It brings up some interesting points:

I wouldn’t say that they were ‘hidden’ dangers though. maybe some just not completely obvious.

What is obvious is that with a reach of around 60cms, my dual screens are 20cms out of reach. They have to be back as far as they are to save me having to put stress on my neck as I glance from one to the other. I set text at 120% to save eyestrain. If they were touch screens, I would have to push in the keyboard tray and slide the chair forward. Why would I want to do that when I have two perfectly capable input devices nicely placed , bridging the gap?

I will not be paying out for touch screens unless my standard LCDs break and nothing else is available, and for the reasons above, I will not be using the touch facility anyway.

While I was messing with the laptop and a variety of lap desks and cooling bases, I noticed that when the machine was on my lap, the weight of the lid had a tendency to start a turning motion, the pivot point being the hinges. With both hands on the wrist rest, you would never notice anything untoward. Even if a hand is removed to use a mouse, the mouse adds no extra pressure to the screen hinges. Touching the screen changes the game, and one hand has to hold down the base.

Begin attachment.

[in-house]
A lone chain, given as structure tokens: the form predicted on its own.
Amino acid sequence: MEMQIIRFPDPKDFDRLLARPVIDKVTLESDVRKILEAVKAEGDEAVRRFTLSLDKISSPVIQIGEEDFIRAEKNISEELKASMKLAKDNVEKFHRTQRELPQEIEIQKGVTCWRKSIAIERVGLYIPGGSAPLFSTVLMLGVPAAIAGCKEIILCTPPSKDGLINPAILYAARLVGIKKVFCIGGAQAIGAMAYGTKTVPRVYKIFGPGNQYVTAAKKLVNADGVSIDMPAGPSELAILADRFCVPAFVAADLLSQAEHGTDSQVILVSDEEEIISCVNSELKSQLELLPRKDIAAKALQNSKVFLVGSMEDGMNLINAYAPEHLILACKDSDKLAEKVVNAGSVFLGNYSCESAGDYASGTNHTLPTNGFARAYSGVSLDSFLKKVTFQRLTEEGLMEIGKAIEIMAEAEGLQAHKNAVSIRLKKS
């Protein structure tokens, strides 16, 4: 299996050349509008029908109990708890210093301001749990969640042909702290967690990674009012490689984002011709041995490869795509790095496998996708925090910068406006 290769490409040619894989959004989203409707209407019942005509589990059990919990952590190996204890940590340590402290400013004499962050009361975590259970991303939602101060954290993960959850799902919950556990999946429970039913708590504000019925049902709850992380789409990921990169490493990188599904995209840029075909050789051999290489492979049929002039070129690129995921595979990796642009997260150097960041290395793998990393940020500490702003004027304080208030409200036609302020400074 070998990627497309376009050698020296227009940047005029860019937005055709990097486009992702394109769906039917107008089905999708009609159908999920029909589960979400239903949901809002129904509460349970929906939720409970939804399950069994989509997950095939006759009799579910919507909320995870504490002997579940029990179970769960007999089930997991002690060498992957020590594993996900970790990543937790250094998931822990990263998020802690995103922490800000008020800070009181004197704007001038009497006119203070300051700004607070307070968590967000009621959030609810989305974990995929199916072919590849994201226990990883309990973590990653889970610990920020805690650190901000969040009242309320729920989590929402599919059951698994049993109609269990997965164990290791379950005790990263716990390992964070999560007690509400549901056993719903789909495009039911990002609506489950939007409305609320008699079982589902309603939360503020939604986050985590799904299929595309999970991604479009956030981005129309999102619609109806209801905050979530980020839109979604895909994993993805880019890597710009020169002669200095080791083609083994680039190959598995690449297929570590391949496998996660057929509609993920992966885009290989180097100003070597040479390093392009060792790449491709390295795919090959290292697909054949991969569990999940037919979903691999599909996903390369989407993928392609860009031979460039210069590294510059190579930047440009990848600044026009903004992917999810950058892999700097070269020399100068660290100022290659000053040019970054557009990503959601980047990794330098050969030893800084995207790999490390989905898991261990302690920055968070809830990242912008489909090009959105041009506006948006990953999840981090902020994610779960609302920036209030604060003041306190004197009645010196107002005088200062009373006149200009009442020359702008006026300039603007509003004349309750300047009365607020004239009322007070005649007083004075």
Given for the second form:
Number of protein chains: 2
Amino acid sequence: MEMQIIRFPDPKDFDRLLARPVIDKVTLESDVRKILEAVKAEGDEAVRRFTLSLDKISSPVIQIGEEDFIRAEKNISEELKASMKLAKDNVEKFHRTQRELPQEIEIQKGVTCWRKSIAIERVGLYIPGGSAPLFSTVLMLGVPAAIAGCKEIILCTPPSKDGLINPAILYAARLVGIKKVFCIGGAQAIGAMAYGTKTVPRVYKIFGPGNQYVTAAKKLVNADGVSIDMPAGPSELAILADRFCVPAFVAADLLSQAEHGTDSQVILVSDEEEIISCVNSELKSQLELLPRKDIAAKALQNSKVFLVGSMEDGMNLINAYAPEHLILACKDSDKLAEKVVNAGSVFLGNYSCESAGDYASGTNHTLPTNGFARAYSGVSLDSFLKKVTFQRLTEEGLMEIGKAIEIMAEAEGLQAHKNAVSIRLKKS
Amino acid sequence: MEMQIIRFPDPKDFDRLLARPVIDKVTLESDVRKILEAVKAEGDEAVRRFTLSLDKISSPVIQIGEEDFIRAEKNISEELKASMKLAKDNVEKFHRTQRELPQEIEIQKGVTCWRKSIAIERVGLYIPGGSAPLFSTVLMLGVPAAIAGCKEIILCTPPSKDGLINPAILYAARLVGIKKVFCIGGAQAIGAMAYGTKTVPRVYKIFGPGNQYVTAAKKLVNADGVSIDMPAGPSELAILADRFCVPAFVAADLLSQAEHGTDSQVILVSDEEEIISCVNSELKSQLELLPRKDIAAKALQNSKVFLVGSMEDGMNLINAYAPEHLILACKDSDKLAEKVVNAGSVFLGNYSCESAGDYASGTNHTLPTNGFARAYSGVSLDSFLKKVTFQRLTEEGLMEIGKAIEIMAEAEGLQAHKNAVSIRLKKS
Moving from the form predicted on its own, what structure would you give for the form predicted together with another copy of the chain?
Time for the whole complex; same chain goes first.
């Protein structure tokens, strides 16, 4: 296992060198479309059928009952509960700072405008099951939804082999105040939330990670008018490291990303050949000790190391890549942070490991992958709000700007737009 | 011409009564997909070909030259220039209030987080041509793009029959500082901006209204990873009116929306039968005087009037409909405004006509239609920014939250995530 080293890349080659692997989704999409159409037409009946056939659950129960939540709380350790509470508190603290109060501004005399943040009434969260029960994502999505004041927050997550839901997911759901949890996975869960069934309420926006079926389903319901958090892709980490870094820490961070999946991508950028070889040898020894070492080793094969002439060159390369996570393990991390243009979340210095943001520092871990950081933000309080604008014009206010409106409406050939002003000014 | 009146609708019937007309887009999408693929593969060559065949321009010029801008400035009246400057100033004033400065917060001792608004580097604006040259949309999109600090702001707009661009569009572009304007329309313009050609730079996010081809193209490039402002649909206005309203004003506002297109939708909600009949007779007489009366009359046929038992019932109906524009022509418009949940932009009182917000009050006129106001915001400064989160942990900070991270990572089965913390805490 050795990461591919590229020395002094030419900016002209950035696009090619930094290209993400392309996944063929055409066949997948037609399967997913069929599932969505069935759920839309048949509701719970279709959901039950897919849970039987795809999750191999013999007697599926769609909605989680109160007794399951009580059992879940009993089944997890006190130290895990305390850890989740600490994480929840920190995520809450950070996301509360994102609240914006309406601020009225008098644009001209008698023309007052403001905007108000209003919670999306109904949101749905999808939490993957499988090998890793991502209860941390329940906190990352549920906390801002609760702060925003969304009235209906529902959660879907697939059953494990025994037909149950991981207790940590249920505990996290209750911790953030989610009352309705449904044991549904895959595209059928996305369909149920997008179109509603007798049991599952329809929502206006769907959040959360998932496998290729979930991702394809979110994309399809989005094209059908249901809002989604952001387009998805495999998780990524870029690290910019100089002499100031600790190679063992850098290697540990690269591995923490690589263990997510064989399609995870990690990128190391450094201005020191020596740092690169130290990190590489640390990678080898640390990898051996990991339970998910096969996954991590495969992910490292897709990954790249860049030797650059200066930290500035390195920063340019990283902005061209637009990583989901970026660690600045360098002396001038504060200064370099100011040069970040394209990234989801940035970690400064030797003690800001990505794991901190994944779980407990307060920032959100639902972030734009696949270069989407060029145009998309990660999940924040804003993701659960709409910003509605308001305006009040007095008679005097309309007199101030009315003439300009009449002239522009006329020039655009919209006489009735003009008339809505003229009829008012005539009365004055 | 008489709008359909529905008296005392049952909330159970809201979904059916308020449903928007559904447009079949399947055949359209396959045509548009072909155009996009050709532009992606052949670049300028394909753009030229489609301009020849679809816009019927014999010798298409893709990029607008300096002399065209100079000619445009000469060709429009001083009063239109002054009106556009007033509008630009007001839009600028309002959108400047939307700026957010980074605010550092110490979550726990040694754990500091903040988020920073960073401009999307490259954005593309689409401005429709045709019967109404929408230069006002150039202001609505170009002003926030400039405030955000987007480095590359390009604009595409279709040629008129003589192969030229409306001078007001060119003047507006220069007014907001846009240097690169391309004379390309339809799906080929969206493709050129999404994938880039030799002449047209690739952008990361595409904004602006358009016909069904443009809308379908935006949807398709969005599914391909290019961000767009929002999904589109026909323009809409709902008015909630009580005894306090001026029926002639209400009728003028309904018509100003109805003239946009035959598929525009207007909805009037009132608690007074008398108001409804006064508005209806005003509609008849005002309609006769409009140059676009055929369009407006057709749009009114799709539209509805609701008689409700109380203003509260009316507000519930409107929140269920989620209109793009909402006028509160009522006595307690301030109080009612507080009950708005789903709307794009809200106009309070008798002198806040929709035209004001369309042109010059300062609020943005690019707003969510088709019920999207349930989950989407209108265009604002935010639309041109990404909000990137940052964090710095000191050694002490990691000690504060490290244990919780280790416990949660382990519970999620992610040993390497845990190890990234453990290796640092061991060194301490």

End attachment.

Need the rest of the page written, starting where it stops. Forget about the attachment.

I know one or two people who have touch screen machines, laptop and integrated desktop, but they are not used as touch screens. I don’t think that they know what to do with them, how to set them up, or ostensibly have any interest in the function.

Phones, tablets  and e-readers are different. They have to be used up close and personal, in front of the area where a keyboard and mouse would be. One is left with no choice but to swipe, wipe and tap.

In the end, users will adopt an input method which works best for the machine in use.  Touch will be a part..